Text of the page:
Some people find themselves asking “How can I know God’s will?” Peter Bloomfield’s response is “there is no point asking if a particular event is according to ‘the will of God’ because that is a very ambiguous term.” It has two completely distinct meanings. The right approach to guidance begins by recognizing that distinction. God’s will is either revealed or unrevealed.
The Bible provides principles of conduct that affect every aspect of life, adequately equipping us for every good work. But it must be interpreted correctly. It is all too easy to get wrong guidance out of the Bible because of misreading it.
In Guidance Peter Bloomfield explains the biblical teaching that God has one specific plan for each person’s life, a plan that one’s circumstances and choices fulfill in every detail.
The Logos Bible Software edition of this volume is designed to encourage and stimulate your study and understanding of numerous Christian topics. Scripture passages link directly to your English translations and to the original language texts, and important apologetic concepts link to dictionaries, encyclopedias, and a wealth of other resources in your digital library. In addition, you can perform powerful searches by topic and find what other authors, scholars, and theologians have to say about heaven, the trinity, and marriage.v
For the Christian thinking through the matter of guidance, this book would make a wonderful starting point. There is so much angst amongst Christians on this issue, which easily leads to rationalization and just plain nonsense. It is good to commend a work full of biblical common sense on the subject.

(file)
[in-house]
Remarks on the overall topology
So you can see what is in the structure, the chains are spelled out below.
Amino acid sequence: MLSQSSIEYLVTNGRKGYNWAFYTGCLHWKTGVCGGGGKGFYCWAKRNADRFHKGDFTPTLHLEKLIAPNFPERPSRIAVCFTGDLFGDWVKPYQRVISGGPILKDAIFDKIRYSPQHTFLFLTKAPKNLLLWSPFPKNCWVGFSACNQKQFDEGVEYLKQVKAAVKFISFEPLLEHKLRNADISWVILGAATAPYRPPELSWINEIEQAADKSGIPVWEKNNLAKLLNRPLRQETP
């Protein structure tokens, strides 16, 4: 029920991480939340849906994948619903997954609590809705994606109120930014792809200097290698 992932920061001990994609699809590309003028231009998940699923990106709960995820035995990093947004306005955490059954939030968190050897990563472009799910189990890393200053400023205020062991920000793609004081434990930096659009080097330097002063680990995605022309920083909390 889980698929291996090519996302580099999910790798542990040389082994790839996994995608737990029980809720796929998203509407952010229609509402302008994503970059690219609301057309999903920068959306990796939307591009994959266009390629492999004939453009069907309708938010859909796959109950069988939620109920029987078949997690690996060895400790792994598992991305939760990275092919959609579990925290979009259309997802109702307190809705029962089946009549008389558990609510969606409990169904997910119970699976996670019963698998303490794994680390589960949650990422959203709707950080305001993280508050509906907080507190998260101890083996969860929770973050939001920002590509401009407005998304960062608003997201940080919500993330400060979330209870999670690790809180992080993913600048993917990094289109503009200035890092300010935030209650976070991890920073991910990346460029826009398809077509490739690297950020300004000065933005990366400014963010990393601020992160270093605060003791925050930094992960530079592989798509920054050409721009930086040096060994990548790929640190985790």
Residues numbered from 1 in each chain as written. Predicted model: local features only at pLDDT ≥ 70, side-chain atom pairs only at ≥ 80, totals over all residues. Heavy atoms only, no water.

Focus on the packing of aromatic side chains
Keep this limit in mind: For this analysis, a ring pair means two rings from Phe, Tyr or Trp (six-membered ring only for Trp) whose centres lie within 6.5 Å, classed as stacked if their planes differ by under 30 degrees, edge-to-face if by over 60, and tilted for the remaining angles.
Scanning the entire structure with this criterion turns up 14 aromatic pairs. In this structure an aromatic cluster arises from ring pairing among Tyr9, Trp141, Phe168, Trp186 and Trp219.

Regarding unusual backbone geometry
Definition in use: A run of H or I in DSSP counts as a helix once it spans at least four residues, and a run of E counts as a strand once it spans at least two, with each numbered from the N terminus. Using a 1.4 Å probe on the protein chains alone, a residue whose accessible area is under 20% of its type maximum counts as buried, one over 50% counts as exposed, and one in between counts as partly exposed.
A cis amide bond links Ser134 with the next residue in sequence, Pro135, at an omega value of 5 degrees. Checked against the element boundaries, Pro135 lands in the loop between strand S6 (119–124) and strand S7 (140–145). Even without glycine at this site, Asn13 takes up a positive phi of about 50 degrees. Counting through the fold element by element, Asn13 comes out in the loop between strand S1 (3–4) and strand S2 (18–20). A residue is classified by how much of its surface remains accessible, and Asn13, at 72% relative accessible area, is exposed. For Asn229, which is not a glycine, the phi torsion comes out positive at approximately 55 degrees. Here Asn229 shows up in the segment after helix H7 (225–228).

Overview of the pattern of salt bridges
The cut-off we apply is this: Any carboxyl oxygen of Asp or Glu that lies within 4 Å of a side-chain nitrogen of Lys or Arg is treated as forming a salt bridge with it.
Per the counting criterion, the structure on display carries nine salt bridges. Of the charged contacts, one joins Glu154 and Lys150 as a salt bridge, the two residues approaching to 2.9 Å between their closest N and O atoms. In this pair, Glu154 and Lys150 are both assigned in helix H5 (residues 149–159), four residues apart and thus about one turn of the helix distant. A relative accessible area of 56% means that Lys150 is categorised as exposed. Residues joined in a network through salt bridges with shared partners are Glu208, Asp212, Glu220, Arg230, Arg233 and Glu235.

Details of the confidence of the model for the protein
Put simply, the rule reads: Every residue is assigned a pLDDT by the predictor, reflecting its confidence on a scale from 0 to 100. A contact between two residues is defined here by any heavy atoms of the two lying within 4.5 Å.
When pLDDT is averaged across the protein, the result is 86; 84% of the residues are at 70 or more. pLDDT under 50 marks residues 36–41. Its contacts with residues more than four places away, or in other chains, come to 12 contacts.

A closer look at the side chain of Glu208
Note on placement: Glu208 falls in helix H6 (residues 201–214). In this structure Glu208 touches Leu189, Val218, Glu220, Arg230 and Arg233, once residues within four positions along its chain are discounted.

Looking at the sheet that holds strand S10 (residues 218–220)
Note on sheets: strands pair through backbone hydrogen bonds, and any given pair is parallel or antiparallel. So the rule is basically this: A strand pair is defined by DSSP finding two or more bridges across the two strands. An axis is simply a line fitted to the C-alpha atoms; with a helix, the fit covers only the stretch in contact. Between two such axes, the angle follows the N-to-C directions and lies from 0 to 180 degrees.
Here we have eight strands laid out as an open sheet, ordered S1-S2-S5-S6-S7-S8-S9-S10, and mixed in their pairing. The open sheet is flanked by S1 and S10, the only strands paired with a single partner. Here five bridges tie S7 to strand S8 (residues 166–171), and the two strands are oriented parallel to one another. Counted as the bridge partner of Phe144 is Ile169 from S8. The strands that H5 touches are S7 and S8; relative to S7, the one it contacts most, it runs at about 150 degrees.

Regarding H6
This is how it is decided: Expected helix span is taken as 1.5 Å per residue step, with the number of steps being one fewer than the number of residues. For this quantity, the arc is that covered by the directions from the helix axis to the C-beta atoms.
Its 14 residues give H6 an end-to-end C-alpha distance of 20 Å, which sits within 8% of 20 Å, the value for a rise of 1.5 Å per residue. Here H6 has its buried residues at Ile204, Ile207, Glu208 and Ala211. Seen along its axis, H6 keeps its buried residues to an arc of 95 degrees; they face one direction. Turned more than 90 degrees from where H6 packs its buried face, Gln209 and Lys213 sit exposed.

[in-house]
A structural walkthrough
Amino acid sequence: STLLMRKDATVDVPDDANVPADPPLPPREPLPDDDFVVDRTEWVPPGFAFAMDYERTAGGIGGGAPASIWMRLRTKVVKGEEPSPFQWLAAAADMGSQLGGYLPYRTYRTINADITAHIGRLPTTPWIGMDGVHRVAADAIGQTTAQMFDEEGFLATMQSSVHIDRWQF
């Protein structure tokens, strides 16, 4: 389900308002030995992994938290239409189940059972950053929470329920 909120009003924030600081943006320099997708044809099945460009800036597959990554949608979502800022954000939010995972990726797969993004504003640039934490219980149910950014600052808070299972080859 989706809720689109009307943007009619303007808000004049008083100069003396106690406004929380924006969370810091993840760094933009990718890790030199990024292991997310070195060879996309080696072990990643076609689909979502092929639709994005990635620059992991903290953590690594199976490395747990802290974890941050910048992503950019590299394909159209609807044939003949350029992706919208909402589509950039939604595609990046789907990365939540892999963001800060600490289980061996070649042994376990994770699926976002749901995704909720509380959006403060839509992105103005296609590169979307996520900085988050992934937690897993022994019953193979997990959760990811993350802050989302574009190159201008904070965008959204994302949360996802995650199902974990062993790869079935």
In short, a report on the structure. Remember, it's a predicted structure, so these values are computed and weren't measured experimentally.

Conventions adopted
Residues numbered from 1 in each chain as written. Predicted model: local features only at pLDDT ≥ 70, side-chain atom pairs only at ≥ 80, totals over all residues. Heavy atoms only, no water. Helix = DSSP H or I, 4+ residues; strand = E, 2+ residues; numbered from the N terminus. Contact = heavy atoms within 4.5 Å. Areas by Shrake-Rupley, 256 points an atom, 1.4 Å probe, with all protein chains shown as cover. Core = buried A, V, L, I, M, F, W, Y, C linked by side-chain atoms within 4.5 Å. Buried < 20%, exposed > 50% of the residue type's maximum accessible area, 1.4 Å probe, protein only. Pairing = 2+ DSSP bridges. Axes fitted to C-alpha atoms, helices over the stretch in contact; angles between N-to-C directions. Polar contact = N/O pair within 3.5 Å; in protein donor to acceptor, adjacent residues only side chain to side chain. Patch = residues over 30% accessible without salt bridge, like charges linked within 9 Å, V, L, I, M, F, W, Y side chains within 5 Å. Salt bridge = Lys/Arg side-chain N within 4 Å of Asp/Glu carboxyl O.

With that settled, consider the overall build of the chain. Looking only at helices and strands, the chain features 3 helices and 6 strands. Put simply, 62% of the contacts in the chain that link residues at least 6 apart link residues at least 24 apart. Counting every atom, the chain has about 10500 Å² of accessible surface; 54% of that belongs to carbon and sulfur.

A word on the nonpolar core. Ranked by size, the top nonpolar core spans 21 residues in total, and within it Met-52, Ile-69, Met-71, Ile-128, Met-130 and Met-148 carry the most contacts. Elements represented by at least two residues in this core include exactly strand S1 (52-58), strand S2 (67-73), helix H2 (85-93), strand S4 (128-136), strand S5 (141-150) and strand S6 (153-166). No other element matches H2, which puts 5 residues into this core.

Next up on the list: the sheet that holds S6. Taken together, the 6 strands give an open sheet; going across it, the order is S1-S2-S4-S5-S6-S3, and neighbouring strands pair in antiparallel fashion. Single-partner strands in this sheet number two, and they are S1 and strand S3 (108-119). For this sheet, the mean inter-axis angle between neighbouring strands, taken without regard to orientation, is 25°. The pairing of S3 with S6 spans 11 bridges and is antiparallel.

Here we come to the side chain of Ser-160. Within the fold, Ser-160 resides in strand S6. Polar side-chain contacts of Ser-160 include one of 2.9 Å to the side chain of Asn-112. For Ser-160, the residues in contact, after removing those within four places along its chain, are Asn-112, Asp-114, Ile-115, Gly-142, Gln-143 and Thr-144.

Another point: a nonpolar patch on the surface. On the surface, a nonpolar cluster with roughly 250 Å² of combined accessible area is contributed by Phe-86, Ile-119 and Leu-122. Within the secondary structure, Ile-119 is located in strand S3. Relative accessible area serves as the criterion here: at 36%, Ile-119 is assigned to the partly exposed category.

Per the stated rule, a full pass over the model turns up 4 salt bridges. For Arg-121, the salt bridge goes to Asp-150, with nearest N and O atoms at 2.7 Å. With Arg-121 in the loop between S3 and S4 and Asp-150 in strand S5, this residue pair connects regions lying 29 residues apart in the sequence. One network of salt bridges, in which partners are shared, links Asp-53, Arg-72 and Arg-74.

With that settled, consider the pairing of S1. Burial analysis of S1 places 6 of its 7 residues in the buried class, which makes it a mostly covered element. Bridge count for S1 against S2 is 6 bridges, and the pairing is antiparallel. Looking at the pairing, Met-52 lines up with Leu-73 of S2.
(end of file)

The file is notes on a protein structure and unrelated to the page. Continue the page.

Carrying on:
In this book Peter Bloomfield challenges readers to show maturity in decision making. They are called on to demonstrate that the Bible sets their thought patterns so that their choices in life are a reflection of the directives that God has given us. This book is a very welcome addition to books dealing with the Christian life. It comes from a pastor who has preached through this material, and that orientation of the book makes it particularly useful for others. It sets out clearly the biblical approach, and the questions at the end of each chapter will stimulate further thought.
—Allan M. Harman, emeritus professor of Old Testament, Presbyterian Theological College
Today there is much confusion between the authority of Scripture and the authority of the church or that of Christian leaders. John Calvin labored with no such confusion. He pointed out the crucial difference between the apostles and their successors: ‘The former were sure and genuine scribes of the Holy Spirit, and their writings are therefore to be considered oracles of God; but the sole office of others is to teach what is provided and sealed in the Holy Scriptures.’ Peter Bloomfield has sought to apply this necessary insight to some issues raised in modern church life. Hopefully, the result will be greater clarity of thinking, and a more faithful proclamation of gospel truth on the part of the church. This is a most helpful book.
—Peter Barnes, minister, Revesby Presbyterian Church, Sydney, Australia